... Dramatic shifts in settlement and subsistence occurred in the Late Millingstone (4950-3000 cal. b.p.) (also referred to as the Hunting Culture period by Jones, Stevens, et al. 2007) and Intermediate (3000-1000 cal. b.p.) periods. ...
... The early Millingstone occupation consisted of short-term campsites used by small groups of people who focused on the use of nearby estuary and terrestrial resources. Shellfish, elasmobranch (sharks and rays), and schooling fish, such as silversides, along with terrestrial mammals, were the mainstays of the diet (Jones, Stevens, et al. 2007;Mikkelsen et al. 2000:181). The late Millingstone period occupation, at Morro Bay estuary for example, witnessed an intensified use of the estuary and a more-permanent occupation (Mikkelsen et al. 2000:182). ...
... Shellfish remains included a diverse range of estuary species as well as taxa from sandy-beach habitats. Marine-mammal bone increased in frequency, along with a major increase in the abundance and diversity of fish, primarily from nearshore habitats (Jones, Stevens, et al. 2007). Sea-otter exploitation, for example, increased over time to 17 percent at SLO-2. ...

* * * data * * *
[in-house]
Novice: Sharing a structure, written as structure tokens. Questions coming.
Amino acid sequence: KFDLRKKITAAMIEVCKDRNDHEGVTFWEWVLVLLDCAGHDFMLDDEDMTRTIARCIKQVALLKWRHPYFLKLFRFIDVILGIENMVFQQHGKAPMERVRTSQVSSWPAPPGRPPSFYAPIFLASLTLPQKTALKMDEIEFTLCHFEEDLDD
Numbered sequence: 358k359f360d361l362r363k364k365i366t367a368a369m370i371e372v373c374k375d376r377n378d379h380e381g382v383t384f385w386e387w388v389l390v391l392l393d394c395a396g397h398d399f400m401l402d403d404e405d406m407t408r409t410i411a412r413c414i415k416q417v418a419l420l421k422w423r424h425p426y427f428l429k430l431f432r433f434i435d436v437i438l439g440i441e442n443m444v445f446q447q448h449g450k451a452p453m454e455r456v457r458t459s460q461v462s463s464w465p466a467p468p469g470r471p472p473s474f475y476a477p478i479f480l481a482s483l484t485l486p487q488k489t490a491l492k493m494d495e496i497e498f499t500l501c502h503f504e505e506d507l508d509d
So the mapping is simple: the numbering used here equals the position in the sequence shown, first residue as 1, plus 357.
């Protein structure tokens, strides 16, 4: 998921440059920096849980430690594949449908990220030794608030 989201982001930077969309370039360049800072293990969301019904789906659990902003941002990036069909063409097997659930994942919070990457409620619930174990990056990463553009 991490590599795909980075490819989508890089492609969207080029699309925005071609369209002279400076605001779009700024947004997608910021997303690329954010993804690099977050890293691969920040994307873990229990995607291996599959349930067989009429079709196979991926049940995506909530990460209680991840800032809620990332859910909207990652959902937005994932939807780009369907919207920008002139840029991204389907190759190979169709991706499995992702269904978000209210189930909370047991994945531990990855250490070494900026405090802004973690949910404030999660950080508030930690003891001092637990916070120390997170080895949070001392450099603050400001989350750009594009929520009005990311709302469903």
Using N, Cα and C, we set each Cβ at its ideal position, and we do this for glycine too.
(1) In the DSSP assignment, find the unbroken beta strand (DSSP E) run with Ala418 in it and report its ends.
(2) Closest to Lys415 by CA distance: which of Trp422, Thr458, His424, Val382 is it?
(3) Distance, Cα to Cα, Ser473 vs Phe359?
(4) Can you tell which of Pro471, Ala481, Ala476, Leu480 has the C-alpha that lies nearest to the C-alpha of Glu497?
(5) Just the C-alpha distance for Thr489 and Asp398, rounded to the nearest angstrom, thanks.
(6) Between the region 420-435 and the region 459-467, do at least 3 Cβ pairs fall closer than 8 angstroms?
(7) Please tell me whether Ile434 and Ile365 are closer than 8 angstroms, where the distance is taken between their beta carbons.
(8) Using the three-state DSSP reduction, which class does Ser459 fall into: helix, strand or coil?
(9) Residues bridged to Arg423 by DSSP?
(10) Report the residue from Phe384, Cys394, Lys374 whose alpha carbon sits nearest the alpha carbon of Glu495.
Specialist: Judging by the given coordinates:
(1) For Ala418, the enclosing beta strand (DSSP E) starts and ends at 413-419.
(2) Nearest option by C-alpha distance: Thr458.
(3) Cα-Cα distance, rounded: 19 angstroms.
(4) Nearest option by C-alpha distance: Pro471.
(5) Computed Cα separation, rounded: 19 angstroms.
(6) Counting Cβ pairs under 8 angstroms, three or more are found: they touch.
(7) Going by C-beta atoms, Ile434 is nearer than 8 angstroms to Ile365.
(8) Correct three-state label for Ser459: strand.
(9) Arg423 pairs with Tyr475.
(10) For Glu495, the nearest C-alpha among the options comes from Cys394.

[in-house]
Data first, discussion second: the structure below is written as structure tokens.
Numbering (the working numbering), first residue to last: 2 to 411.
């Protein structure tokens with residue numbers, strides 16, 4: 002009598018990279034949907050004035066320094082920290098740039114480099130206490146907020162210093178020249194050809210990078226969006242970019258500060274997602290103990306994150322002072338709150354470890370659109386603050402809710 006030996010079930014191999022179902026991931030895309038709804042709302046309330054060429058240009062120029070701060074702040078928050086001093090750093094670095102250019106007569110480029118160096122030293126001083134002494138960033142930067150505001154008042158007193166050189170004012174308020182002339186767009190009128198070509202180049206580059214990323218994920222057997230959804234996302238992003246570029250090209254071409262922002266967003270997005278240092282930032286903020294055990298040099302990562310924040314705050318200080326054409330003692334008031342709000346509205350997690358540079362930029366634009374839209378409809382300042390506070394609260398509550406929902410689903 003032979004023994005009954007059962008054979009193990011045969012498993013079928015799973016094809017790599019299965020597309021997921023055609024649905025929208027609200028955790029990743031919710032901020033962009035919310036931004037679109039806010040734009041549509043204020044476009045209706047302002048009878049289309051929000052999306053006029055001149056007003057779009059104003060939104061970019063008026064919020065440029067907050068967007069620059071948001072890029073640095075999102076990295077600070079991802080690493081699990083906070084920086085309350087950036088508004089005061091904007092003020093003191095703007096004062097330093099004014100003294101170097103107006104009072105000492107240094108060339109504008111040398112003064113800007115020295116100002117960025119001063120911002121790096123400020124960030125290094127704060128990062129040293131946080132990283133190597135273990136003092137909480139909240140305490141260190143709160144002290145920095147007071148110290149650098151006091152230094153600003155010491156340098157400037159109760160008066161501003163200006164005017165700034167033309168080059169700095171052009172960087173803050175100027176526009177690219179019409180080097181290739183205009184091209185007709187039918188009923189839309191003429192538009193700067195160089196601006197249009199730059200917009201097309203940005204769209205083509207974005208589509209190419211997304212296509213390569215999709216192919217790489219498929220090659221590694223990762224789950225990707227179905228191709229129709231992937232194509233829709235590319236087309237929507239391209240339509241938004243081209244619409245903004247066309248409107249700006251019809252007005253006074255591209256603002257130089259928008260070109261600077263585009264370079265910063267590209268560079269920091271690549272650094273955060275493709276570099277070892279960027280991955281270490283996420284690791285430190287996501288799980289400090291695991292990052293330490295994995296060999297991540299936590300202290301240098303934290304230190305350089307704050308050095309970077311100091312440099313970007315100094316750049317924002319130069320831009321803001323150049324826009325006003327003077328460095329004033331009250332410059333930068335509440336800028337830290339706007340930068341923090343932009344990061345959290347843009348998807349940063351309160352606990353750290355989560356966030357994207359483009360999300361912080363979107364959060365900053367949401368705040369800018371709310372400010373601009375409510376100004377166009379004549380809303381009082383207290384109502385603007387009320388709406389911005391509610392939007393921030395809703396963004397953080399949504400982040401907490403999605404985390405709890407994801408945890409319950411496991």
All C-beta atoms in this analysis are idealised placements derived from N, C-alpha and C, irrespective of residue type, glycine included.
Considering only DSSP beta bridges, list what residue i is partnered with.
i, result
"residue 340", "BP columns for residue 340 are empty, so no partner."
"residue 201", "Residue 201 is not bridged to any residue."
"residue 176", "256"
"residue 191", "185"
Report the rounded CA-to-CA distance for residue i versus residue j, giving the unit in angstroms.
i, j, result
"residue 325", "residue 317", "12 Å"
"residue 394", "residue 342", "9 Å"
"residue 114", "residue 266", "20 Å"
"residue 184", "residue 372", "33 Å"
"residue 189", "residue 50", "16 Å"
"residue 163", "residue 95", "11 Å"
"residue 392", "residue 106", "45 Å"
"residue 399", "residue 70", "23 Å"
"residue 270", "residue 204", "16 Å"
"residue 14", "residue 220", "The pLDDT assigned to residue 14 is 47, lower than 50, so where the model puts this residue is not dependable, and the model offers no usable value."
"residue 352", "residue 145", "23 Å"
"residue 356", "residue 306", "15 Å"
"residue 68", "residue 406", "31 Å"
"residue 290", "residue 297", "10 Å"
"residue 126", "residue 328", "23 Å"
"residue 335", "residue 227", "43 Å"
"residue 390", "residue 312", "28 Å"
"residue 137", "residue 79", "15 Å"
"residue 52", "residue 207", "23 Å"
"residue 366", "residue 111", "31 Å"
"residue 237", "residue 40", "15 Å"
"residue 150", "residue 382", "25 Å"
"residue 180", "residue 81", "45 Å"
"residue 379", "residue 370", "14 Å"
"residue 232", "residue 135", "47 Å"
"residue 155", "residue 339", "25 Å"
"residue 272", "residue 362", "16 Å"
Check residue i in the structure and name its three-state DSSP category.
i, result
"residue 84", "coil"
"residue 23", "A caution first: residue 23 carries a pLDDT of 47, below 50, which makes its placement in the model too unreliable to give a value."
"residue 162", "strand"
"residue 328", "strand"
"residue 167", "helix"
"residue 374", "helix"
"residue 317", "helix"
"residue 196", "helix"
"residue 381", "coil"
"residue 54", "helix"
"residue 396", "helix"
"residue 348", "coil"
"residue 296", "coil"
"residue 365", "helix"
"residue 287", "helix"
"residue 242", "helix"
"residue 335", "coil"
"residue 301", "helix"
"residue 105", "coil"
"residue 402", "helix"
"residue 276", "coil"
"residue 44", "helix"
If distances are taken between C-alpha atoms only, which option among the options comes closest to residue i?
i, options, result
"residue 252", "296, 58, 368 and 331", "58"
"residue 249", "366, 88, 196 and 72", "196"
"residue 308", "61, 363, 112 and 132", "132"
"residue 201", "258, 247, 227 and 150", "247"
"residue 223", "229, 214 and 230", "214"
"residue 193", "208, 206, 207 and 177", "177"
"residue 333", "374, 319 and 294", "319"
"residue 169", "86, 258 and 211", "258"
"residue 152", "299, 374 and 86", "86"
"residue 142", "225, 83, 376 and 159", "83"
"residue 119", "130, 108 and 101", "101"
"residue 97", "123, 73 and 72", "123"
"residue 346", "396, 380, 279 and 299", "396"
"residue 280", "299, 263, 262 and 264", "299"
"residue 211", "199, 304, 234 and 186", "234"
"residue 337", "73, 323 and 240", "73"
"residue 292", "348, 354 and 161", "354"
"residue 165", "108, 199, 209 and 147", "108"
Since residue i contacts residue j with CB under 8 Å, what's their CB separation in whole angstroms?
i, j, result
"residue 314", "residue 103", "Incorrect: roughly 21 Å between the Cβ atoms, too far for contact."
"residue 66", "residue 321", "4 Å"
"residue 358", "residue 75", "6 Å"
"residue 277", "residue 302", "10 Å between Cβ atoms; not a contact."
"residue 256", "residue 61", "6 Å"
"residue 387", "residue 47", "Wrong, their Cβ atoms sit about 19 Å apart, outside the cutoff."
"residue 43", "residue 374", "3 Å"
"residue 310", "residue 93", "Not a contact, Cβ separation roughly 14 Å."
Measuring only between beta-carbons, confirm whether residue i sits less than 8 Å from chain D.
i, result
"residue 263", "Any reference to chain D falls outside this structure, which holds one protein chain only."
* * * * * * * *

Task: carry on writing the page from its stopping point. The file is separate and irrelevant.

... Dramatic shifts in settlement and subsistence occurred in the Late Millingstone (4950-3000 cal. b.p.) (also referred to as the Hunting Culture period by Jones, Stevens, et al. 2007) and Intermediate (3000-1000 cal. b.p.) periods. ...
... The early Millingstone occupation consisted of short-term campsites used by small groups of people who focused on the use of nearby estuary and terrestrial resources. Shellfish, elasmobranch (sharks and rays), and schooling fish, such as silversides, along with terrestrial mammals, were the mainstays of the diet (Jones, Stevens, et al. 2007;Mikkelsen et al. 2000:181). The late Millingstone period occupation, at Morro Bay estuary for example, witnessed an intensified use of the estuary and a more-permanent occupation (Mikkelsen et al. 2000:182). ...
... Shellfish remains included a diverse range of estuary species as well as taxa from sandy-beach habitats. Marine-mammal bone increased in frequency, along with a major increase in the abundance and diversity of fish, primarily from nearshore habitats (Jones, Stevens, et al. 2007). Sea-otter exploitation, for example, increased over time to 17 percent at SLO-2. ...